We are a commune of inquiring, skeptical, politically centrist, capitalist, anglophile, traditionalist New England Yankee humans, humanoids, and animals with many interests beyond and above politics. Each of us has had a high-school education (or GED), but all had ADD so didn't pay attention very well, especially the dogs. Each one of us does "try my best to be just like I am," and none of us enjoys working for others, including for Maggie, from whom we receive neither a nickel nor a dime. Freedom from nags, cranks, government, do-gooders, control-freaks and idiots is all that we ask for.
It's been many years since we have bought either fresh or dried Thyme at the store. It's the easiest herb to grow in full sun and dry, lousy soil, and it comes back after hard freezes and cold winters. An advantage is that the leaves stay on the plant all winter, so you can just go out and scratch the snow off and harvest the sprigs you need. (I just throw the sprigs in with the leaves on, so my cooking often ends up with denuded Thyme sprigs in it.) Cooking with Thyme.
Another advantage is simply the smell it creates in a garden on a hot summer day. 4 or 5 small plants in the Spring will spread all over, only needing a little watering the first year to get started.
Thyme is the ultimate "savoury" flavor, but it's mild enough to make it difficult to over-use. I think it's basic to most stews and soups, Italian or otherwise. My chef friend uses it in muffins and biscuits, and on vegetables. She uses chopped Thyme blossoms on fruit cocktail. It has to be part of any bouquet garni.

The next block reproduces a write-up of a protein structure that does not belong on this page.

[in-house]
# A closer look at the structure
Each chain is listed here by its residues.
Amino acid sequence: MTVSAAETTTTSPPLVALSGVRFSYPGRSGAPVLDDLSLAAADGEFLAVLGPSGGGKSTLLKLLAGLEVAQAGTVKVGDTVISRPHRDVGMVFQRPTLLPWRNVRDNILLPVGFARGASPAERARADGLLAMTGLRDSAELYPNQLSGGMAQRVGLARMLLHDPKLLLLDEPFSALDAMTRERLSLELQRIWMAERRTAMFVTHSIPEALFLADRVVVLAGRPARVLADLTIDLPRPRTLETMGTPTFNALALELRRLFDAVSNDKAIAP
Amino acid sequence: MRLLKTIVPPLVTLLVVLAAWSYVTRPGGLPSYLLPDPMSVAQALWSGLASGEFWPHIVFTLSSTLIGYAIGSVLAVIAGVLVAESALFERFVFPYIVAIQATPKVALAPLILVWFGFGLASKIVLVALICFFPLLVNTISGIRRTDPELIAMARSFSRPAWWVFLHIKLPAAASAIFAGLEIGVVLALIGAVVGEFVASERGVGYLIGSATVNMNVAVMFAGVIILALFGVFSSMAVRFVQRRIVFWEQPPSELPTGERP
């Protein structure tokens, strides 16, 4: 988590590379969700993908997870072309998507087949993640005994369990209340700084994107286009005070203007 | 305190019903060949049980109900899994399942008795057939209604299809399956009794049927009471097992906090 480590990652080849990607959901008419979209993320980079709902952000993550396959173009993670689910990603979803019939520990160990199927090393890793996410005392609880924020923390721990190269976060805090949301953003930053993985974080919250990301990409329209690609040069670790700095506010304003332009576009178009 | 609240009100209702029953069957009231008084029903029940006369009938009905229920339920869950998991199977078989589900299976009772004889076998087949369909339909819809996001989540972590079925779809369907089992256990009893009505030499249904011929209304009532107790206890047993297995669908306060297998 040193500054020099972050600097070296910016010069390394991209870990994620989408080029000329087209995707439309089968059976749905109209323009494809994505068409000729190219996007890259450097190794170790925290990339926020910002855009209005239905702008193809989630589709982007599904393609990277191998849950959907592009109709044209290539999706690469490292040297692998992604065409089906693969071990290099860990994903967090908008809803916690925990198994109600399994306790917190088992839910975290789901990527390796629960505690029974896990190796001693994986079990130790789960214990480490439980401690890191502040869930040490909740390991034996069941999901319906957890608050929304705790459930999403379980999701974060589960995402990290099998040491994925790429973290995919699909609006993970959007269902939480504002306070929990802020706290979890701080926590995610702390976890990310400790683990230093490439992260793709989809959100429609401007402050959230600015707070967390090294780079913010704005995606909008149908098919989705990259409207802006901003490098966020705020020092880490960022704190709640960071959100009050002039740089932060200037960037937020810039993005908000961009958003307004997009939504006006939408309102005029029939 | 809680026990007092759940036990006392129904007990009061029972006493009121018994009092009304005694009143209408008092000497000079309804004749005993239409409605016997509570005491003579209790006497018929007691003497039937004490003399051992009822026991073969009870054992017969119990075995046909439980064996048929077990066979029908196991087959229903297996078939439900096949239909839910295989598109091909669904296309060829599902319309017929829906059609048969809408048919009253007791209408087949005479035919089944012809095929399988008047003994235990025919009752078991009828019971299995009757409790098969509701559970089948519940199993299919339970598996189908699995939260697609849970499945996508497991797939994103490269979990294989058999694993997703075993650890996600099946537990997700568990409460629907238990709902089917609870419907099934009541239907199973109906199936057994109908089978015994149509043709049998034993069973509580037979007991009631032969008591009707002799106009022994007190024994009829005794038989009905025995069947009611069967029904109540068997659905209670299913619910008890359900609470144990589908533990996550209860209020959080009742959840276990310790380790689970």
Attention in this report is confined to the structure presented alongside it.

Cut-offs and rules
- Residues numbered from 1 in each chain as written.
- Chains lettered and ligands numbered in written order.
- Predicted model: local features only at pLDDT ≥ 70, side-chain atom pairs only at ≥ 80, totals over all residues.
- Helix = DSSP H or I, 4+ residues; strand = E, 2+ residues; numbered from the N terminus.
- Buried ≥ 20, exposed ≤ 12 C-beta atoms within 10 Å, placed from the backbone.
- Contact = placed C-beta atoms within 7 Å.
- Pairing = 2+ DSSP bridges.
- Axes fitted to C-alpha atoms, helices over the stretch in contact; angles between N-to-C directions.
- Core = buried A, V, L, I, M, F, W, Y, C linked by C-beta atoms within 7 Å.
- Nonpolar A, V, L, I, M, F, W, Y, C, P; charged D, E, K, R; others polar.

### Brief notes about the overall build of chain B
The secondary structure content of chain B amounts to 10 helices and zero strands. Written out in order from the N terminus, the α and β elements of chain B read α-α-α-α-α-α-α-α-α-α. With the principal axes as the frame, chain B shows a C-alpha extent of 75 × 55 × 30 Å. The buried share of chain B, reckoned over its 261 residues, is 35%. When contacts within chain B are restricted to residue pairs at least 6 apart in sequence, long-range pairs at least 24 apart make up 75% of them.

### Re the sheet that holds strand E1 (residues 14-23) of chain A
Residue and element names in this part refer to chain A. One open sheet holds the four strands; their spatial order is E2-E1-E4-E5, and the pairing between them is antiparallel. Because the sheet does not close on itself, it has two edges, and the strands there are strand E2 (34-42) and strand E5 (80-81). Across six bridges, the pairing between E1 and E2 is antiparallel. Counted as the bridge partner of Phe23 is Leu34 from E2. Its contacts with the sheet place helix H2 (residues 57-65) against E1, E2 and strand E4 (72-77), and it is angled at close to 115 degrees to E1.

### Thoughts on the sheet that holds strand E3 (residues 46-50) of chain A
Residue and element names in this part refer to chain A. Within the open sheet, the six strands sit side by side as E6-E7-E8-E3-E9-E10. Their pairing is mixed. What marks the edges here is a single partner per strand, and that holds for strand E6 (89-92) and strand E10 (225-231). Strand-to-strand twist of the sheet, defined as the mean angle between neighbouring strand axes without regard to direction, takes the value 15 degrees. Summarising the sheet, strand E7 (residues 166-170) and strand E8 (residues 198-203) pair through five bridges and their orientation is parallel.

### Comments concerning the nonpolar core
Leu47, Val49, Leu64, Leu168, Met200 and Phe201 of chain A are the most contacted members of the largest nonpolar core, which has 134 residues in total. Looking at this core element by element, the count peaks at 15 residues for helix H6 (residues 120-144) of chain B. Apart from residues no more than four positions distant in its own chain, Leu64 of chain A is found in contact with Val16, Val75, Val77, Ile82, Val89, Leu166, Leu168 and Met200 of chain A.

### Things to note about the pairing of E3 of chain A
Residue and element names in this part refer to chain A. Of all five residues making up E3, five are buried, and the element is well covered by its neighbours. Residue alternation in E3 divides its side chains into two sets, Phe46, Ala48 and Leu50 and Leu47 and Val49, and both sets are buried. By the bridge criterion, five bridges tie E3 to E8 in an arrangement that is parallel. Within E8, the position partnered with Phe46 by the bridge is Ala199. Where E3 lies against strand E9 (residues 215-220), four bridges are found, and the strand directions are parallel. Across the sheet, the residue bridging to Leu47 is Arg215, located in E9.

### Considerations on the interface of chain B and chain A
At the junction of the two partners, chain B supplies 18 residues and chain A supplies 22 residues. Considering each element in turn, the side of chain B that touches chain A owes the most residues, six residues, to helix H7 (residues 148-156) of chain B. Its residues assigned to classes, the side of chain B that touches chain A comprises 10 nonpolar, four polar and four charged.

Thyme comes in many varieties, some man-made and some wild. Most is Thymus vulgaris - common Thyme, with variants thereof. I assume it has Mediterranean origins. In the Massachusetts Berkshires, we have acres of Creeping Thyme as weeds in the less-fertile meadows, and my Mom always planted it between flagstones. Smells good in the summer when stepping on it, but watch out for the bees.
As a lady with refined sensibilities, Mom was always attentive to the small, charming details of life. There were always small vases of wildflowers around.
I made the mistake of planting some lemon thyme along with some regular thyme on my sunny patch alongside the kitchen. The lemon stuff spreads like wildfire, and tastes nasty as it ages, it's OK when really small and fresh. Finally managed to pull it all out last season, and let the regular thyme spread out some more. A little bit of lavender, a few chives, and a few lovely tender kale plants, and that five by three foot area is nicely productive.